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|January 18, 1999||
Nobel Laureate Amartya Sen gets Bharat Ratna
Nobel Prize winner Amartya Sen has been awarded the Bharat Ratna, the highest civilian honour in the land.
The decision was taken by Prime Minister Atal Bihari Vajpayee today, official sources announced.
The economist, who is Master of Trinity College at Cambridge, won the Nobel Prize for economics last year.
Mother Teresa is the other Nobel Prize winner who was also honoured with the Bharat Ratna.
Missile scientist Dr A P J Abdul Kalam, the brain behind the second Pokhran nuclear blasts, was the other non-politician to be conferred the Bharat Ratna by the Vajpayee government in its 10 months in office so far.
Dr Sen, 64, was the sixth Indian to win the Nobel Prize and the first to get it for economics. He was awarded the prestigious prize for his contributions to welfare economics which have helped in understanding the economic mechanism underlying famines and poverty.
One of his greatest contributions is exposing the limitations of market economics, especially in dealing with poverty and deprivation.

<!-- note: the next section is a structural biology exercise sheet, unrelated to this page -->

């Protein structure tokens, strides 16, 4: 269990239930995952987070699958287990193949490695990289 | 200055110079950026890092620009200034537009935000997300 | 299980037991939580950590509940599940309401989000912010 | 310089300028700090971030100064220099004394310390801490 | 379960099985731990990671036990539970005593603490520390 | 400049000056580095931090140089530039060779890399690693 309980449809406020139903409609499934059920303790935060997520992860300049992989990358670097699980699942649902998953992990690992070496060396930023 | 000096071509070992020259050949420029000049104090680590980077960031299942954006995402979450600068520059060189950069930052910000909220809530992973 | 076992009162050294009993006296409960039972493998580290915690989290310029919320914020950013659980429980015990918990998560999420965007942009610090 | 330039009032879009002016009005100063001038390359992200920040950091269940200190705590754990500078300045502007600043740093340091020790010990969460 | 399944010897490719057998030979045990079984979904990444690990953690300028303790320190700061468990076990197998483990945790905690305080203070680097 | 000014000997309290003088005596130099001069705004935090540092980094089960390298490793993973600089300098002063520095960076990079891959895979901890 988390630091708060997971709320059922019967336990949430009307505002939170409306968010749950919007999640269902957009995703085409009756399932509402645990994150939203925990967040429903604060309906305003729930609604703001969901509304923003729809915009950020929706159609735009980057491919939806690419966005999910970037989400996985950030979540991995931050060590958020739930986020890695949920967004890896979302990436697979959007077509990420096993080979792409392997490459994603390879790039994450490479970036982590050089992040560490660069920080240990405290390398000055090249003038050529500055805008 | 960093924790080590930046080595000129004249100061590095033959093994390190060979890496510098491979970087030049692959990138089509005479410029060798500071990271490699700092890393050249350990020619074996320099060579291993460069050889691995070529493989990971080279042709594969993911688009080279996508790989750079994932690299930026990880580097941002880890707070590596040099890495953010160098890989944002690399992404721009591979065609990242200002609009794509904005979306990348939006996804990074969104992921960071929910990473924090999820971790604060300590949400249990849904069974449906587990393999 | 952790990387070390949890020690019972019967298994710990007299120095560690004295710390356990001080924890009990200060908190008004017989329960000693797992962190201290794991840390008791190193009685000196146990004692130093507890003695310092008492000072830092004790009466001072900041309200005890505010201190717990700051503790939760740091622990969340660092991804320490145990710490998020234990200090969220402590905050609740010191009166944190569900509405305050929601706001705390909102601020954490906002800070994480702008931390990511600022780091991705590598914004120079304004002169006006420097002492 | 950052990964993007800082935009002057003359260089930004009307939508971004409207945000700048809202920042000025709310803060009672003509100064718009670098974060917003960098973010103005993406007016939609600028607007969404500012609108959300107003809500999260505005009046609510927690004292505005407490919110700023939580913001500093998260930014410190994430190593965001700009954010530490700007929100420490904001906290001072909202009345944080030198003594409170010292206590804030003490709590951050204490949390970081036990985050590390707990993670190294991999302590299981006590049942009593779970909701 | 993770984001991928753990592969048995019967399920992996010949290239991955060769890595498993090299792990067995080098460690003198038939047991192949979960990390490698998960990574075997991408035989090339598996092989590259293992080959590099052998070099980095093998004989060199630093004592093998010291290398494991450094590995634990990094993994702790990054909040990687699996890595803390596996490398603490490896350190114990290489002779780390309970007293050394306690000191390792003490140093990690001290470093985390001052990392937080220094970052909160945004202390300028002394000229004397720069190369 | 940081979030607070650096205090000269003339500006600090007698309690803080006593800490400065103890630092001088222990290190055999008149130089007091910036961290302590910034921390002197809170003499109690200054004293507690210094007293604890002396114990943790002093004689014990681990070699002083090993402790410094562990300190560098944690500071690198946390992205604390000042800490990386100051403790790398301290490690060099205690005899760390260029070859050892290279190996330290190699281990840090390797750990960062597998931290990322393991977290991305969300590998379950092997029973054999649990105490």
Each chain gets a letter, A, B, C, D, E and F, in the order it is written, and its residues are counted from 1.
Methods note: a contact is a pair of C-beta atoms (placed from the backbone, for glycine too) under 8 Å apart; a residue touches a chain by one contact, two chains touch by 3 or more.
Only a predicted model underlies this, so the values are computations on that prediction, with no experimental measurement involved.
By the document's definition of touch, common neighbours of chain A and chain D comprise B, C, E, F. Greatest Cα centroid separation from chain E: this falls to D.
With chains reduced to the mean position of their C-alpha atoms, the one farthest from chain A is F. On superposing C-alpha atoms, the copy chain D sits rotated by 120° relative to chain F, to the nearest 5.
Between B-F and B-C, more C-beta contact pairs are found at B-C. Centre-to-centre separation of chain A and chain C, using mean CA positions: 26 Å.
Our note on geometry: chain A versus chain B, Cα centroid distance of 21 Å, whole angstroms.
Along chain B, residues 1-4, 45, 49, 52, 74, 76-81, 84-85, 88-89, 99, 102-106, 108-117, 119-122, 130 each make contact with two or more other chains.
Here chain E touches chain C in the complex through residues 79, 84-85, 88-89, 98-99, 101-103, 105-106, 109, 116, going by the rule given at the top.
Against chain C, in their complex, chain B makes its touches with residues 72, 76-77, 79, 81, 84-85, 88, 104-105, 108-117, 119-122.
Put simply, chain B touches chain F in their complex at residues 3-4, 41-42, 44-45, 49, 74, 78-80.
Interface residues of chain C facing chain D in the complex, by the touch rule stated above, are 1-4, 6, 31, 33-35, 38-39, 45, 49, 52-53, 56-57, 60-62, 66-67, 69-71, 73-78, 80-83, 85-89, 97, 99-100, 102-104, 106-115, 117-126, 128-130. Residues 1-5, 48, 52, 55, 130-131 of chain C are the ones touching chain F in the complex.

Sen maintains that market growth alone cannot eradicate poverty and has to be backed up with public action.
Dr Sen was said to have been passed over for the Nobel Prize in earlier decades because of his opposition to the liberalisation of Thatcherism and Reaganomics.
His selection last year was a vindication for those who advocated more conservative policies in the wake of the collapse of the so-called tiger economies of South-East Asia.
But Sen clarified recently that he was never against the free market, but was only critical of the dogmatism of pro-market policies.
His being honoured with the Bharat Ratna at this juncture is significant because he has always viewed India as a multi-ethnic, multi-religious and multi-lingual society. The Bharatiya Janata Party-led government's decision to award him the Bharat Ratna comes as a snub to the Vishwa Hindu Parishad, which had accused him of being an agent of the 'Christian West'.
During a visit to India this month, the Nobel laureate once again championed the causes of transparency and literacy as keys to removing mass poverty in the country. He called for improved relations between India and Pakistan so that the peace dividend would release resources for development.
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